Feb 20, 2018
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reswright
Blurple Orca
A while back I decided to pick up an Orca to see what they were all about, and ended up paying for the purple Mokuti version. [image] Liked everything about the knife but the inconsistent mokuti coloring, which was pale, winey, and a little yellowish, because of how the mokuti was done. [image] Moreover the liners were barely anodized at all: [image] [image] Long story short, I wasn't unhappy enough to go through a returns process, and held onto the knife, which had an undeniable luxe feel to it. Reate makes 'em well. It joined the rotation. Cut to today: I decided screw it, I'm reanodizing it. I took it apart and cleaned it all up, and decided to keep the anodization on the clip as is, but everything else was going to go electric blurple. Incidentally? @erickong will find this interesting: like the Lynx, this is an unkeyed pivot that was initially held in place with a glob of threadlocker: [image] Because it's adjustable from both sides, unlike the Lynx, it's not...
Apr 17, 2020
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reswright
Trainers
For reference: on the left is the Benchmade Greg Thompson SOCP. From the top down are the Fox 479TK, the Benchmade 551T, a Kershaw Emerson 6034 trainer with aftermarket modifications, and a Boker Plus Balisong Trainer. [image] Why the Swiss Cheese look? Trainer knives, when properly made, have the exact same shape and weight as the regular knife, but the blade can't have an edge, even an unsharpened one. Because blade blanks that haven't been ground down or sharpened weigh more than ones that have, manufacturers mill speed holes in the blade to give the blade the proper weight and distribution. Often a different steel is used, particularly for knives with high end steel -- good ol' 420 stainless will do you just fine for a training knife, so long as it's milled to have the correct weighting and edge dimensions. The overall idea is to make the training knife exactly the same in the hand as the edged version. Not close, but dead on. Most are red, the better to identify them as...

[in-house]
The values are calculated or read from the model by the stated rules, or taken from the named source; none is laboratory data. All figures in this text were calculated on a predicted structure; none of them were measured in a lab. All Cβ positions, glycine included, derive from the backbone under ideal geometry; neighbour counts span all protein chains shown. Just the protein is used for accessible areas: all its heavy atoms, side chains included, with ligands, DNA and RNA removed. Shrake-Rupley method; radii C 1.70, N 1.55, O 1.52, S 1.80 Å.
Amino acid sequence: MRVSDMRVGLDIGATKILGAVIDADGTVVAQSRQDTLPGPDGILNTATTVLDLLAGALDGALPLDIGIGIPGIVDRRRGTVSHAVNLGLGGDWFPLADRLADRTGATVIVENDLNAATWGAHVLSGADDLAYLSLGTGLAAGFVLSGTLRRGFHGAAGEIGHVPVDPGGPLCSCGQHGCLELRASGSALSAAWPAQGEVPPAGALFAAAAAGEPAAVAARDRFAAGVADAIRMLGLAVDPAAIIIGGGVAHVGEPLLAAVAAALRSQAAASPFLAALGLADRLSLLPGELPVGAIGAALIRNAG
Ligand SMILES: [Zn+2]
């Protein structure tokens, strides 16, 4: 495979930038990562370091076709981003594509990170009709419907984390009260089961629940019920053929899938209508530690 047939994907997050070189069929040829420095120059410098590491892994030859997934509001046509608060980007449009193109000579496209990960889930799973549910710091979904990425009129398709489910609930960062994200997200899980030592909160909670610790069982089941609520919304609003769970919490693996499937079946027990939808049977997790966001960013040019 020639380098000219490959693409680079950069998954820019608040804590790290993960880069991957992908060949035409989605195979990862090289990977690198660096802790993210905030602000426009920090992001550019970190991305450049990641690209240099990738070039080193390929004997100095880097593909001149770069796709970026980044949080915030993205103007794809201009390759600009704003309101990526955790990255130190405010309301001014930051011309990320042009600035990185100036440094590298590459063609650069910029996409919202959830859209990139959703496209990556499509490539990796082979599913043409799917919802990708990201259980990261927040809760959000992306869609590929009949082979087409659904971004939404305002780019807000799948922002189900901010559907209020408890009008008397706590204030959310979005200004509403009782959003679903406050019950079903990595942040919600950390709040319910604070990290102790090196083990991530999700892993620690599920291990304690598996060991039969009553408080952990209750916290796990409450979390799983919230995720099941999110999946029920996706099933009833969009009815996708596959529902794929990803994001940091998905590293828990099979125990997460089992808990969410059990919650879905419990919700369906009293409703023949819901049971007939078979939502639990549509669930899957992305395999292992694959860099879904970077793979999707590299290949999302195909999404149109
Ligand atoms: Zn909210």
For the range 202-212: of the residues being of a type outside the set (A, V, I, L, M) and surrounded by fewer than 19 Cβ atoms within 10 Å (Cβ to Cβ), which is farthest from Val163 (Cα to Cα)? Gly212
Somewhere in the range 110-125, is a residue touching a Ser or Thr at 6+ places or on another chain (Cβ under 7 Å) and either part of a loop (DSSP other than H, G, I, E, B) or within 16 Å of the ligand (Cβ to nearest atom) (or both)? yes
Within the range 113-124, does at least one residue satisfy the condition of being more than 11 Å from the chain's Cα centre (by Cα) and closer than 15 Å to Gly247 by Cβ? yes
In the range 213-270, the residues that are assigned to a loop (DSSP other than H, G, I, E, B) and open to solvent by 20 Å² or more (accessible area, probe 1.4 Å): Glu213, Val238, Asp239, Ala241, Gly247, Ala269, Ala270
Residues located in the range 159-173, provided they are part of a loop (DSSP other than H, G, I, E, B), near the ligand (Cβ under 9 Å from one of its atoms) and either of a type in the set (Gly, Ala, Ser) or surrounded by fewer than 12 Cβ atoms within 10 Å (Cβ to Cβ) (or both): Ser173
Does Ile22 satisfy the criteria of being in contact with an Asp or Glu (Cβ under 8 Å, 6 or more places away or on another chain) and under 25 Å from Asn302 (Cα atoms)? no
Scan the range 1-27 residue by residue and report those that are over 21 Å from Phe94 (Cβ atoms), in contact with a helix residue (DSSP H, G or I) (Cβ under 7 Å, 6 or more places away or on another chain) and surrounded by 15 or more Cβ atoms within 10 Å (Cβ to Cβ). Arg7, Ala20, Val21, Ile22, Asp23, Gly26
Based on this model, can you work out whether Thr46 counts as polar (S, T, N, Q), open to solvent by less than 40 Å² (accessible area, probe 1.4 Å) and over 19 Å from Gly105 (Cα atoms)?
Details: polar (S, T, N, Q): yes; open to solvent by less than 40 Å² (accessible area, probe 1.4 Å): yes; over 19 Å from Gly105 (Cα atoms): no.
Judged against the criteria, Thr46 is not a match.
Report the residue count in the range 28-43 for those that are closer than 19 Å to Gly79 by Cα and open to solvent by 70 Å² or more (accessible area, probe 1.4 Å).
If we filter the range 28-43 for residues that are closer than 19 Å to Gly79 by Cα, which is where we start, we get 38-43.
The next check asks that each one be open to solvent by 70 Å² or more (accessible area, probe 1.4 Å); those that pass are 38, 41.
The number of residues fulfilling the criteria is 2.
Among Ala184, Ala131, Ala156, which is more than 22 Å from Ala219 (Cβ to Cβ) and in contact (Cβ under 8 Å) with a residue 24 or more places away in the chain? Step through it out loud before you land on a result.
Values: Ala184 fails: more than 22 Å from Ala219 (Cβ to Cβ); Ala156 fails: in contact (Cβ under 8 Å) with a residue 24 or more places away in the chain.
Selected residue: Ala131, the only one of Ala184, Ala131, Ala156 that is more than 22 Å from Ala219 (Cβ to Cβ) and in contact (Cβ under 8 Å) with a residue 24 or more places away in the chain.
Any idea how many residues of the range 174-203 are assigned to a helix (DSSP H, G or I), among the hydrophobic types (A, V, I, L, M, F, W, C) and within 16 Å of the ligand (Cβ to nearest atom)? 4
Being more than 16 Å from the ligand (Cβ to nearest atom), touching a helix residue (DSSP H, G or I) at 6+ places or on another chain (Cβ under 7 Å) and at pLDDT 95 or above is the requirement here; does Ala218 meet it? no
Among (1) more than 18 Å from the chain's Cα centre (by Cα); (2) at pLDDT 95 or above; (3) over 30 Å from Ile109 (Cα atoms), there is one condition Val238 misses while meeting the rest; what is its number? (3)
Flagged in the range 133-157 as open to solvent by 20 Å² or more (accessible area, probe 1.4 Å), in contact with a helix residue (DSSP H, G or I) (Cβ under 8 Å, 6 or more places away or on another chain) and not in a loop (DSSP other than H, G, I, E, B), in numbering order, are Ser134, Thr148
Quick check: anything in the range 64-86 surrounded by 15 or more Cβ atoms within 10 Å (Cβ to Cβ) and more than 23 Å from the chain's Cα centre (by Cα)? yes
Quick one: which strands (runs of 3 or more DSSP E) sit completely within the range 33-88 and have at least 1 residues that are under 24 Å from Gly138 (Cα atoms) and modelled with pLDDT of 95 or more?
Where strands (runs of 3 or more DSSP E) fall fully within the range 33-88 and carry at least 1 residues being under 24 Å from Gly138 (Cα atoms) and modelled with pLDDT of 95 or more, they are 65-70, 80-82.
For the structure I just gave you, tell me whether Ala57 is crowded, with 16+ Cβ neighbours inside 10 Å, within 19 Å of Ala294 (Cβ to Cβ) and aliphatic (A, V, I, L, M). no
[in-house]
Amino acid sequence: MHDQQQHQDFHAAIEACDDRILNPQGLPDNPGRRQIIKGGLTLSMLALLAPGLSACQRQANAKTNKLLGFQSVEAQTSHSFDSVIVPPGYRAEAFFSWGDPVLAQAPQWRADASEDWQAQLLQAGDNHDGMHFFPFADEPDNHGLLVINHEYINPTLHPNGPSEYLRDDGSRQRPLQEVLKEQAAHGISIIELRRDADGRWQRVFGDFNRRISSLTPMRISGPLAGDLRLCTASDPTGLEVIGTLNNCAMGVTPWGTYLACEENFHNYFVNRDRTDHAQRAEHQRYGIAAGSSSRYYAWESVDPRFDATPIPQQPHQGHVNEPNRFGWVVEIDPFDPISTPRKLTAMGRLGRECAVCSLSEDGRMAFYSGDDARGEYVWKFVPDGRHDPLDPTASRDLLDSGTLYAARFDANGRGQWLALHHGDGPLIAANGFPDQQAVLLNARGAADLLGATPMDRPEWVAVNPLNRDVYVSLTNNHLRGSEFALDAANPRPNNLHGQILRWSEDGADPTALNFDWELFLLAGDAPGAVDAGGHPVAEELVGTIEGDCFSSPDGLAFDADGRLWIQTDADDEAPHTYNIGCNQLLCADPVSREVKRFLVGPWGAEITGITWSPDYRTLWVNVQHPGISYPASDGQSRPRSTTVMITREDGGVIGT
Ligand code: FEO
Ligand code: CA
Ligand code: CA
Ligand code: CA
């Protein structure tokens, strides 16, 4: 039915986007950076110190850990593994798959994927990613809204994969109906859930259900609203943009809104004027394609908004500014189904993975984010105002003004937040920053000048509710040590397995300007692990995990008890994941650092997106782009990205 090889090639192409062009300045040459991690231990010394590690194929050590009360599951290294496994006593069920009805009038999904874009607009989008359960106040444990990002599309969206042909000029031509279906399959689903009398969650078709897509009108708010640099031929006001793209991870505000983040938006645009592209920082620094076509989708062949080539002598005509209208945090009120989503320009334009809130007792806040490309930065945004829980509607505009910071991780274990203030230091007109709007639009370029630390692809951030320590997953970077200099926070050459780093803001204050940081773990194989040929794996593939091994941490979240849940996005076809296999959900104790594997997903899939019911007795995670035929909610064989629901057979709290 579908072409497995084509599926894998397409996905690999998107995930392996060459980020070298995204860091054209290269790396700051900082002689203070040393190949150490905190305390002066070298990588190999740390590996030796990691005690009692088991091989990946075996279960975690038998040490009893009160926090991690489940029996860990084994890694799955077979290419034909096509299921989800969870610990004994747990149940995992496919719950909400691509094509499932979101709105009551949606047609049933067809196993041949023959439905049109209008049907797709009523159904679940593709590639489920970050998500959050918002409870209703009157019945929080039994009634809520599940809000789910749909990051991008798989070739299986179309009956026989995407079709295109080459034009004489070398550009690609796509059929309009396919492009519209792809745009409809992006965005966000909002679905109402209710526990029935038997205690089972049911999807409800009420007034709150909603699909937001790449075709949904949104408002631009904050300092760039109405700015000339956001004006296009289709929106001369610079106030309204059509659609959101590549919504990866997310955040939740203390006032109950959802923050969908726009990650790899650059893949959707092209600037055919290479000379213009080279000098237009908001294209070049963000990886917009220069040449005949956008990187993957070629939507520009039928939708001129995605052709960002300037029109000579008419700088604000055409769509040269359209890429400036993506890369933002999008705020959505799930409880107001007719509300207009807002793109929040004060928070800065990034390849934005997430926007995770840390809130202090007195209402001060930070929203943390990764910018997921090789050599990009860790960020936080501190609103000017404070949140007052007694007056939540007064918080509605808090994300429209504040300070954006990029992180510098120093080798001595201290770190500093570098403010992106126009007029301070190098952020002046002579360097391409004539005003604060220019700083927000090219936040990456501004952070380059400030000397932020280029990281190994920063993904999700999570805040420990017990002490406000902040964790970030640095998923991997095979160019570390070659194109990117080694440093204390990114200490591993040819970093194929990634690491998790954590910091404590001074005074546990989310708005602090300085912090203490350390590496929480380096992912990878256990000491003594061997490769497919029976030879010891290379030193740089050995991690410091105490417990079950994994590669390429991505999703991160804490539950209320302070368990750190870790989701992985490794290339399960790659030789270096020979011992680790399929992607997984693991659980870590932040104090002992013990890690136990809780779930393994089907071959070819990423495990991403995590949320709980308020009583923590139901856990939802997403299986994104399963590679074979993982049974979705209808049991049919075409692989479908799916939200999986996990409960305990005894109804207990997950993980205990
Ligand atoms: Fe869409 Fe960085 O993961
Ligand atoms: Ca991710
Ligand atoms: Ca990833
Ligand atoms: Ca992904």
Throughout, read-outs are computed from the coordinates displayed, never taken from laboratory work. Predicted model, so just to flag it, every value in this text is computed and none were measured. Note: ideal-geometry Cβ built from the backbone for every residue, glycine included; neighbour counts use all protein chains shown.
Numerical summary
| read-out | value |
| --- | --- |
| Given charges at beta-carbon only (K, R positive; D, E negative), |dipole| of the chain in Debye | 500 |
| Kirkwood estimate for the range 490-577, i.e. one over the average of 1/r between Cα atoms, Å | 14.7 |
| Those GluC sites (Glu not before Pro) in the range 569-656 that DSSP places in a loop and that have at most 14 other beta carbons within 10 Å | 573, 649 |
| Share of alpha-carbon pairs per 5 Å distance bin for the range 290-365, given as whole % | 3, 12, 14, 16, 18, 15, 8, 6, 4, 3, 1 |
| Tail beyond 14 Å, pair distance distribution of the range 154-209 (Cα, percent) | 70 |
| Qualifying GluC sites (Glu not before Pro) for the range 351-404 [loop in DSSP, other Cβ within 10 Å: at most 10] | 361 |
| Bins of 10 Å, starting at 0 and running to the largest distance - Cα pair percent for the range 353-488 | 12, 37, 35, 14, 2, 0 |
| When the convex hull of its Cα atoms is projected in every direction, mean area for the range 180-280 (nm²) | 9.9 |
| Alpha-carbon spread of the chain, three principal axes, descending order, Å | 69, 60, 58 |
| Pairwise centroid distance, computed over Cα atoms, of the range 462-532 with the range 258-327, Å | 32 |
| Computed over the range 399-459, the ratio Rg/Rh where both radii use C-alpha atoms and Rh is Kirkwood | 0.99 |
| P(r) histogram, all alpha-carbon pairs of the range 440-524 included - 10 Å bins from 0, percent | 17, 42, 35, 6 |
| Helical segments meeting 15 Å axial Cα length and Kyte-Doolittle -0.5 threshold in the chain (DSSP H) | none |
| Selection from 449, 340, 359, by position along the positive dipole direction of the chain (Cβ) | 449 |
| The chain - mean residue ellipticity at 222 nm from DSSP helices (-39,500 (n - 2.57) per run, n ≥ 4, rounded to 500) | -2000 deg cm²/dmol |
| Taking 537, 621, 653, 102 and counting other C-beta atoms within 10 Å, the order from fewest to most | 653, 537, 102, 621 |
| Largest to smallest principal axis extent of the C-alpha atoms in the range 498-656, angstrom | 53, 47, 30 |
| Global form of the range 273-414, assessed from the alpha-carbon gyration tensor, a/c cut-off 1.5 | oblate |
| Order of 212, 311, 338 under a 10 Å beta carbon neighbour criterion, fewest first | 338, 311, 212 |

Feb 6, 2020
Trending Posts in Everyday Carry
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Ghostimpala
Drop FF Buc and it’s brother from another mother TwoSun Bowhead. Love them both; just need the Dao to have triplets. The pic does not do justice to the Bowheads finish. Wayofknife McNasty matte...
Jul 15, 2020
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Ghostimpala
Viewing this as a substantial gentleman’s carry. Substantial because most gentleman’s folders feel delicate; this does not.
Jul 14, 2020
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Andersays
A day hike's worth of gear. It fits a little more than this
Jul 9, 2020
Pocket Dump
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SuperDave531
Small, powerful and convenient
The Nitecore TINI 380L is an awesome little addition to my key ring. It’s right there always and it packs more punch than the flashlight on my iPhone right when I need it! [image]
Jul 8, 2020
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Grizzly-_-G
It took you guys a week and a half to respond with a copy and pasted email, wow. Drop has been remarkably disappointing, never buying anything from your site ever again. Neither will any of the...
Jul 6, 2020
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pj.suzano
SouthOrd 21/22 Piece Lockpick Set
Nice set for European lockpick, nice size and weight, not yet used but I will try to unlock something soon
Jul 6, 2020
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marcusboy1
chinese elmax??
anybody have a good experience to share with an elmax blade from an inexpensive knife?
Jul 5, 2020